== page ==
This is why hands-on reviews by experts are important. The table below provides a synthesis of the camera assessments of some of the best known photo-gear review sites (amateurphotographer [AP], cameralabs [CL], dpreview [DPR], ephotozine [EPZ], photographyblog [PB]). As can be seen, the professional reviewers agree in many cases on the quality of different cameras, but sometimes their assessments diverge, reinforcing the earlier point that a camera decision is often a very personal choice.
|1.||Canon 40D||..||+ +||+ +||4.5/5||4.5/5||Aug 2007||1,299|
|2.||Leica M Typ 240||4/5||..||..||4/5||..||Sep 2012||6,950|
|3.||Canon 6D||5/5||+ +||83/100||4.5/5||4.5/5||Sep 2012||2,099|
|4.||Canon T3||..||80/100||69/100||4/5||4.5/5||Feb 2011||449|
|5.||Canon 60D||5/5||+||79/100||4/5||4.5/5||Aug 2010||1,399|
|6.||Canon 50D||..||+ +||+ +||4.5/5||4.5/5||Aug 2008||1,299|
|7.||Canon XS||..||82/100||+ +||3.5/5||4.5/5||Jun 2008||449|
|8.||Canon XSi||..||+ +||+ +||4/5||4.5/5||Jan 2008||799|
|9.||Canon 30D||..||+ +||+ +||o||..||Feb 2006||1,399|
|10.||Canon XTi||..||+ +||+ +||o||4/5||Aug 2006||799|
|11.||Canon 20D||..||..||+ +||..||..||Aug 2004||1,499|
|12.||Canon 10D||..||..||+ +||..||..||Feb 2003||1,999|
|13.||Leica M10-P||..||..||..||..||4/5||Aug 2018||7,995|
|14.||Leica M10||4.5/5||..||..||4/5||4.5/5||Jan 2017||6,595|
|15.||Leica M Typ 262||..||..||..||..||..||Nov 2015||5,195|
|16.||Leica M9||..||..||..||4.5/5||..||Sep 2009||7,999|
|17.||Nikon D90||..||+ +||+ +||4/5||4.5/5||Aug 2008||1,299|
|Notes: (+ +) highly recommended; (+) recommended; (o) reviewed; (..) not available.|
The above review scores should be interpreted with care, though. The assessments were made in relation to similar cameras of the same technological generation. Thus, a score needs to be put into the context of the launch date and the launch price of the camera, and comparisons of ratings among very different cameras or across long time periods have little meaning. It should also be noted that some of the review sites have over time altered the way they render their verdicts.
Other camera comparisons
Did this review help to inform your camera decision process? If you would like to see a different side-by-side camera review, just make a corresponding selection in the search boxes below. As an alternative, you can also directly jump to any one of the listed comparisons that were previously generated by the CAM-parator tool.
Specifications: Canon 40D vs Leica M Typ 240
Below is a side-by-side comparison of the specs of the two cameras to facilitate a quick review of their differences and common features.
|Camera Model||Canon 40D||Leica M Typ 240|
|Camera Type||Digital single lens reflex||Rangefinder camera|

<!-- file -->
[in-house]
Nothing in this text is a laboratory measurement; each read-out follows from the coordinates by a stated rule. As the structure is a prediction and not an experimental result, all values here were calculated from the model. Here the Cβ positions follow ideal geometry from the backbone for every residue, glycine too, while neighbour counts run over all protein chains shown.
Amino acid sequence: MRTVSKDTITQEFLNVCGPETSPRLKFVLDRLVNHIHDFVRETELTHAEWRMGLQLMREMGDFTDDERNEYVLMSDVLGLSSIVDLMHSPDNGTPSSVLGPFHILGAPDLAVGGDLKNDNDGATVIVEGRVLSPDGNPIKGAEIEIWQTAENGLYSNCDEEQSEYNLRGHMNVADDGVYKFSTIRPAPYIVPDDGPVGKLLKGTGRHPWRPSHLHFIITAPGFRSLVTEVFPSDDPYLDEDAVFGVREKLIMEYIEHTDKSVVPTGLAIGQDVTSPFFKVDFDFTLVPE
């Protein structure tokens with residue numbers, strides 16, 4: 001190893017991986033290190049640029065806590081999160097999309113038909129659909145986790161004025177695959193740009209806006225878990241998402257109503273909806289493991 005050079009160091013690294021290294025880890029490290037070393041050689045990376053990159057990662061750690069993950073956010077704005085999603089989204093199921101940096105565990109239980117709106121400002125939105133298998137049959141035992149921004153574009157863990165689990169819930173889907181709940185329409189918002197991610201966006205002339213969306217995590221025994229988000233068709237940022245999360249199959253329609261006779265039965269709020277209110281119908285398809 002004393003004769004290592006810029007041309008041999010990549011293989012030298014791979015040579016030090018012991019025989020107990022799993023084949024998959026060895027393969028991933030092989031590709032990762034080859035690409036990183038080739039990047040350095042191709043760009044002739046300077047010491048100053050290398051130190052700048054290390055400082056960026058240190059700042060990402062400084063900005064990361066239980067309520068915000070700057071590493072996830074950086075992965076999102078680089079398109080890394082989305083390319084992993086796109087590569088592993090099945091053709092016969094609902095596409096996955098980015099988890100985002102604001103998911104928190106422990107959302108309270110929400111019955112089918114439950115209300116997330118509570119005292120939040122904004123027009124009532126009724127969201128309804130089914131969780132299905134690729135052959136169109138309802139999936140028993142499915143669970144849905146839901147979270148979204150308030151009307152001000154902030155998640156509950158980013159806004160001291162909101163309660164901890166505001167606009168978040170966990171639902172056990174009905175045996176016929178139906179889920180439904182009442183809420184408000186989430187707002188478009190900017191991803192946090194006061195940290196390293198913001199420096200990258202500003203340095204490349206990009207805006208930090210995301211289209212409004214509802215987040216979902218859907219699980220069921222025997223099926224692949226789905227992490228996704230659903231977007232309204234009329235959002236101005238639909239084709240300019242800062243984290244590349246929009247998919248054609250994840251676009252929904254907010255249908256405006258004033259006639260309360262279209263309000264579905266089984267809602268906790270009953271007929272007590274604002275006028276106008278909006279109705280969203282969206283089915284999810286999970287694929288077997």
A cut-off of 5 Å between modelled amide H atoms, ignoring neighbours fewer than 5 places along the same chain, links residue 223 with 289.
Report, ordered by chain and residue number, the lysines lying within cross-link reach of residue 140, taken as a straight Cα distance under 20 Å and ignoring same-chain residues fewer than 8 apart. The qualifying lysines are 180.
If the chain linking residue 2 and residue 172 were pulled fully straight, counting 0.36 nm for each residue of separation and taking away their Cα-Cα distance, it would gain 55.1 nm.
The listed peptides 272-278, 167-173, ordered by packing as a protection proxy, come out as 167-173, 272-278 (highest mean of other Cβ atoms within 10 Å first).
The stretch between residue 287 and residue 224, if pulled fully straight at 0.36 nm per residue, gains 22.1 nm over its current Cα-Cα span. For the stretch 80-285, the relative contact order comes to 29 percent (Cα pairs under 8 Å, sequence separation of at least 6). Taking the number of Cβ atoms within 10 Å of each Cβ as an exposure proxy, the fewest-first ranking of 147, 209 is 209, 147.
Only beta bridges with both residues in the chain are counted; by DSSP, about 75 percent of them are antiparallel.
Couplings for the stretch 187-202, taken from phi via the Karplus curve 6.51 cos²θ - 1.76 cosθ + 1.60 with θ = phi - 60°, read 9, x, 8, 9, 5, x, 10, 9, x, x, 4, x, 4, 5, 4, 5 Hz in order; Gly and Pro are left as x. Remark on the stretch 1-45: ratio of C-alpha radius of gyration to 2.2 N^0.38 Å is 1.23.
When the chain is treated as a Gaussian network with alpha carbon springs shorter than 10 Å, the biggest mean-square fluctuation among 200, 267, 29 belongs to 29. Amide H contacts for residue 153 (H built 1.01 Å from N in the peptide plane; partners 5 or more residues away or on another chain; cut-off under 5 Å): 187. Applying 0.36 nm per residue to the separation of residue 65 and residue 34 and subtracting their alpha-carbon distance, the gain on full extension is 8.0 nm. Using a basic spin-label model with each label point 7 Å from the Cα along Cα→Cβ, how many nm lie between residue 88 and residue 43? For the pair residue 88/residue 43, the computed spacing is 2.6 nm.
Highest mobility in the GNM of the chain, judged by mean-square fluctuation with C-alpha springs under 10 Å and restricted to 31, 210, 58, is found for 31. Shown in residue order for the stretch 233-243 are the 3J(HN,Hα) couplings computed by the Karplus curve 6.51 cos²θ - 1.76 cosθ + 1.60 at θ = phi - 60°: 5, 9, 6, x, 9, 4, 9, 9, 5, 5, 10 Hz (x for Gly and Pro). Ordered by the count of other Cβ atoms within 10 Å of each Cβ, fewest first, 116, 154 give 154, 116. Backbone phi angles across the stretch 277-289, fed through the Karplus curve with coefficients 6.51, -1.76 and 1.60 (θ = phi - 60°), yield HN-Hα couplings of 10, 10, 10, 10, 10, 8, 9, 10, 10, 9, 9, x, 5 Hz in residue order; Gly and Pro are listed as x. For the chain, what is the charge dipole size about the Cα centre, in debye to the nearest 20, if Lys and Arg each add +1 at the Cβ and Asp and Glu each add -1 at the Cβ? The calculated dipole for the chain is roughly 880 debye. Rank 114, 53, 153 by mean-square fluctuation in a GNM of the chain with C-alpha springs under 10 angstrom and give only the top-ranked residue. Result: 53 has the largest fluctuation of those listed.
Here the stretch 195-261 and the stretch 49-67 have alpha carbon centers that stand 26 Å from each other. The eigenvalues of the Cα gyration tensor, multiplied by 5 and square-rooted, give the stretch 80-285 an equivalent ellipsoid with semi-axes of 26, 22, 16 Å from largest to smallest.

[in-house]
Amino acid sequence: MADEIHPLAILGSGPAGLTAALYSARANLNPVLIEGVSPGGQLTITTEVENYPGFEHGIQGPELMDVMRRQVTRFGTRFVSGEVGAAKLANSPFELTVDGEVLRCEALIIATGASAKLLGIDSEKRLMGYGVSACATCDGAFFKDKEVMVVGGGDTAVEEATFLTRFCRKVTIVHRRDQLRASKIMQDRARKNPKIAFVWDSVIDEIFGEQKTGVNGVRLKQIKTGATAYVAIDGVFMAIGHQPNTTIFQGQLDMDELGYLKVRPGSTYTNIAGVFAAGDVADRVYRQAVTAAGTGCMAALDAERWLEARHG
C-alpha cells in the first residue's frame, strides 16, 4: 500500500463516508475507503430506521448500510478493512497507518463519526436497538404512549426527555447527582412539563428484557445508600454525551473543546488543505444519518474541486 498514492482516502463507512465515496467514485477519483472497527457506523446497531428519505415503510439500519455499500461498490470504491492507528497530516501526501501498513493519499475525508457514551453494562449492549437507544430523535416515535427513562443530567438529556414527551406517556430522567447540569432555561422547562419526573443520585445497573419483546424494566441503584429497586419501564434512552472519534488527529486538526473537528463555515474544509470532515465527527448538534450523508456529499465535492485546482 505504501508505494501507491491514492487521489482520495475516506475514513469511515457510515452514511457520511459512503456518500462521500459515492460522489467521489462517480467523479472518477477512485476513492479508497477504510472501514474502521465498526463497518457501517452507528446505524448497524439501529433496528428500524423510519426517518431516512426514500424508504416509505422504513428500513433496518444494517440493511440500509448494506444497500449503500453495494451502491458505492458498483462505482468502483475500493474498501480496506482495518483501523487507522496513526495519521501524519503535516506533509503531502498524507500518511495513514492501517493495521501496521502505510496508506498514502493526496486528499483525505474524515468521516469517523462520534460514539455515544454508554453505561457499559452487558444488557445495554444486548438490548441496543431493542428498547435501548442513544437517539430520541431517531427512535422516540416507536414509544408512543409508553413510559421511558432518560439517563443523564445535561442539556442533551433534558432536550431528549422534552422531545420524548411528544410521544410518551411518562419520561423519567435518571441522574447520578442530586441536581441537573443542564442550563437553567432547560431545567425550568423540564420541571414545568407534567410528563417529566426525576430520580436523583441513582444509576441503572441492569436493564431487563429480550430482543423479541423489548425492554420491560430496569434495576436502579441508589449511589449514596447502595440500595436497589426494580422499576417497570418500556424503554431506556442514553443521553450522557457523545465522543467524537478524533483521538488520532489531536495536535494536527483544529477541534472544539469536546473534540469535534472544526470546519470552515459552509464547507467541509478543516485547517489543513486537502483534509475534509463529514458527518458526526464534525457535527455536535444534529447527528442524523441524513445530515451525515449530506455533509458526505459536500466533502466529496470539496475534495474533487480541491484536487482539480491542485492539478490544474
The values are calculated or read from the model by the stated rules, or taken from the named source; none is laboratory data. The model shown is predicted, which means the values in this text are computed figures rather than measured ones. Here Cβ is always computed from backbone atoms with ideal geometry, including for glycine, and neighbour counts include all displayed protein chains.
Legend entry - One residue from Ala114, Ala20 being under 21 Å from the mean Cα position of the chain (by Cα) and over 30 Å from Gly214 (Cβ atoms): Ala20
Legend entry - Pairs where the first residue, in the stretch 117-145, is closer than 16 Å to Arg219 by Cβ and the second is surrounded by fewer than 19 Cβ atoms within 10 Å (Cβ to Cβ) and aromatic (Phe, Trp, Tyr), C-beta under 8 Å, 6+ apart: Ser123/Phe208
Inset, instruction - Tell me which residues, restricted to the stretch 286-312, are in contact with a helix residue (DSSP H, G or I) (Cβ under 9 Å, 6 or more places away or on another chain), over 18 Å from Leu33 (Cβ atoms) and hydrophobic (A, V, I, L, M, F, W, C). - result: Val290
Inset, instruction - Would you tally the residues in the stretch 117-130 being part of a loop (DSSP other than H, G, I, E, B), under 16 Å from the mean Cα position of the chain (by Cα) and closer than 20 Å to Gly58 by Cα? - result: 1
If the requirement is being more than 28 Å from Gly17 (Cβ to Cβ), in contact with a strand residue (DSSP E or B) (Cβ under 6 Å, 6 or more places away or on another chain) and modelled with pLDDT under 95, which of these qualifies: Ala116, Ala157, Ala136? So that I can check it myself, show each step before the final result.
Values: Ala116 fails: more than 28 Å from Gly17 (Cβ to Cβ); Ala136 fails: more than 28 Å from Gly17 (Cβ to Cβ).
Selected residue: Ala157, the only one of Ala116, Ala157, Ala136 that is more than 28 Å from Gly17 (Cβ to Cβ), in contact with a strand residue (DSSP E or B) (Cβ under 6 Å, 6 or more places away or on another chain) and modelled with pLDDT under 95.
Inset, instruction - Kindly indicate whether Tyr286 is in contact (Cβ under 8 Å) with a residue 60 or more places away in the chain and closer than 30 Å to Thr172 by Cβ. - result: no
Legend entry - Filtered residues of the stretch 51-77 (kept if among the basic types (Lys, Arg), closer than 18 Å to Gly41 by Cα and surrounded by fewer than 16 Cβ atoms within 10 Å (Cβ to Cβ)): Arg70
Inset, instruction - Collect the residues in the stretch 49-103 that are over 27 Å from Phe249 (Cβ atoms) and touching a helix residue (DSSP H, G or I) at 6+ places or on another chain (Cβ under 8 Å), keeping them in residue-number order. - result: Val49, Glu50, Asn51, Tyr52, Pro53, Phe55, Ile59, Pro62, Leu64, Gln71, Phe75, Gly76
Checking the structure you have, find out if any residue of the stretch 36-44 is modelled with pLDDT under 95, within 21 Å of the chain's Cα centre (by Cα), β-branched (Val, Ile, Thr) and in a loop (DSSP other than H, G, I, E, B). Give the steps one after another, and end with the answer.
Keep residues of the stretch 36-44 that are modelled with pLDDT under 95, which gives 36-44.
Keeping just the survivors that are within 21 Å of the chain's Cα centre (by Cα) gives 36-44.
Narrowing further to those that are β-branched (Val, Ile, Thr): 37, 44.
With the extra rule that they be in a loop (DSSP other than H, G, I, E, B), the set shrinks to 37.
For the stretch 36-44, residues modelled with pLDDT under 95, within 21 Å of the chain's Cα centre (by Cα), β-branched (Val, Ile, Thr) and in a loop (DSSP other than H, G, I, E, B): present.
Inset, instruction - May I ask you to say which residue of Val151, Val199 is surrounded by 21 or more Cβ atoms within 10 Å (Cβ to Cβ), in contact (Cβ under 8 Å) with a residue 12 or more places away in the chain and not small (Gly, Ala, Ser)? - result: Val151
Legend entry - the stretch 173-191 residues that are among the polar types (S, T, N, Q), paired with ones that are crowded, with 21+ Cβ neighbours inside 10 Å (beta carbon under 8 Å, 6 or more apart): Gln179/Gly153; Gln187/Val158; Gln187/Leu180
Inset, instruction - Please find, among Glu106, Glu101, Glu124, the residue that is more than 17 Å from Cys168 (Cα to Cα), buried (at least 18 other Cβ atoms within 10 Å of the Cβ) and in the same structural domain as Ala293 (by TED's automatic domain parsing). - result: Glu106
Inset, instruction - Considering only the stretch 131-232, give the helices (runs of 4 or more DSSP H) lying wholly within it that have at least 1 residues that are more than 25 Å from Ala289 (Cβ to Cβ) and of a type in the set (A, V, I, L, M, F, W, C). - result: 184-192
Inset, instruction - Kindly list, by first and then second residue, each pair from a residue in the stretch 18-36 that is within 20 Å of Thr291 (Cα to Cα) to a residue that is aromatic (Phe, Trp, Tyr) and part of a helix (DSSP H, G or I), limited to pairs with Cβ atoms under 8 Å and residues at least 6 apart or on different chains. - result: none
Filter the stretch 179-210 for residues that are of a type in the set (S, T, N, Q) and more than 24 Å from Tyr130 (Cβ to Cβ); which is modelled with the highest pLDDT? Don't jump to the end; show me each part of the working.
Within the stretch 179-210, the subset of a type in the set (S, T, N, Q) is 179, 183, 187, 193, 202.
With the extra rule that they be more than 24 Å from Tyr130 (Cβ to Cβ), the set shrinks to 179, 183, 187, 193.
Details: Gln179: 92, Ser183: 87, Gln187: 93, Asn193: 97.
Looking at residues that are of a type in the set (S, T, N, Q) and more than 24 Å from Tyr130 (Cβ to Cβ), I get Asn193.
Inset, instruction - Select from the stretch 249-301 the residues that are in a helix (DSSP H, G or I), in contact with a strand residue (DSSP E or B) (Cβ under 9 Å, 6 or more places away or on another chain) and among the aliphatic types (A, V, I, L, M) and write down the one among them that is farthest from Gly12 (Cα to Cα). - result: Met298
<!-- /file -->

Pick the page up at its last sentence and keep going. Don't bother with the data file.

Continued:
|Camera Lens||Canon EF mount lenses||Leica M mount lenses|
|Launch Date||August 2007||September 2012|
|Launch Price||USD 1,299||USD 6,950|
|Sensor Specs||Canon 40D||Leica M Typ 240|
|Sensor Format||APS-C Sensor||Full Frame Sensor|
|Sensor Size||22.3 x 14.9 mm||35.8 x 23.9 mm|
|Sensor Area||332.27 mm2||855.62 mm2|
|Sensor Diagonal||26.8 mm||43 mm|
|Sensor Resolution||10.1 Megapixels||23.7 Megapixels|
|Image Resolution||3888 x 2592 pixels||5952 x 3976 pixels|
|Pixel Pitch||5.73 μm||6.01 μm|
|Pixel Density||3.03 MP/cm2||2.77 MP/cm2|
|Moiré control||Anti-Alias filter||Anti-Alias filter|
|Movie Capability||no Video||1080/25p Video|
|ISO Setting||100 - 1,600 ISO||200 - 6,400 ISO|
|ISO Boost||100 - 3,200 ISO||100 - 6,400 ISO|
|DXO Sensor Quality (score)||64||84|
|DXO Color Depth (bits)||22.1||24.0|
|DXO Dynamic Range (EV)||11.3||13.3|
|DXO Low Light (ISO)||703||1860|
|Screen Specs||Canon 40D||Leica M Typ 240|
|Viewfinder Type||Optical viewfinder||Optical viewfinder|
|Viewfinder Field of View||95%||100%|
|Top-Level Screen||Control Panel||no Top Display|
|LCD Framing||Live View||Live View|
|Rear LCD Size||3.0inch||3.0inch|
|LCD Resolution||230k dots||920k dots|
|LCD Attachment||Fixed screen||Fixed screen|
|Shooting Specs||Canon 40D||Leica M Typ 240|
|Focus System||Phase-detect AF||Manual Focus|
|Manual Focusing Aid||no Peaking Feature||Focus Peaking|
|Max Shutter Speed (mechanical)||1/8000s||1/4000s|
|Continuous Shooting||6.5 shutter flaps/s||3 shutter flaps/s|
|Fill Flash||Built-in Flash||no On-Board Flash|
|Storage Medium||CF cards||SDXC cards|
|Second Storage Option||Single card slot||Single card slot|
|Connectivity Specs||Canon 40D||Leica M Typ 240|
|Studio Flash||PC Sync socket||no PC Sync|
|USB Connector||USB 2.0||USB 2.0|
|HDMI Port||no HDMI||no HDMI|
|Wifi Support||no Wifi||no Wifi|
|Body Specs||Canon 40D||Leica M Typ 240|
|Environmental Sealing||not weather sealed||Weathersealed body|
146 x 108 x 74 mm
(5.7 x 4.3 x 2.9 in)
139 x 80 x 42 mm
(5.5 x 3.1 x 1.7 in)
|Camera Weight||822 g (29.0 oz)||680 g (24.0 oz)|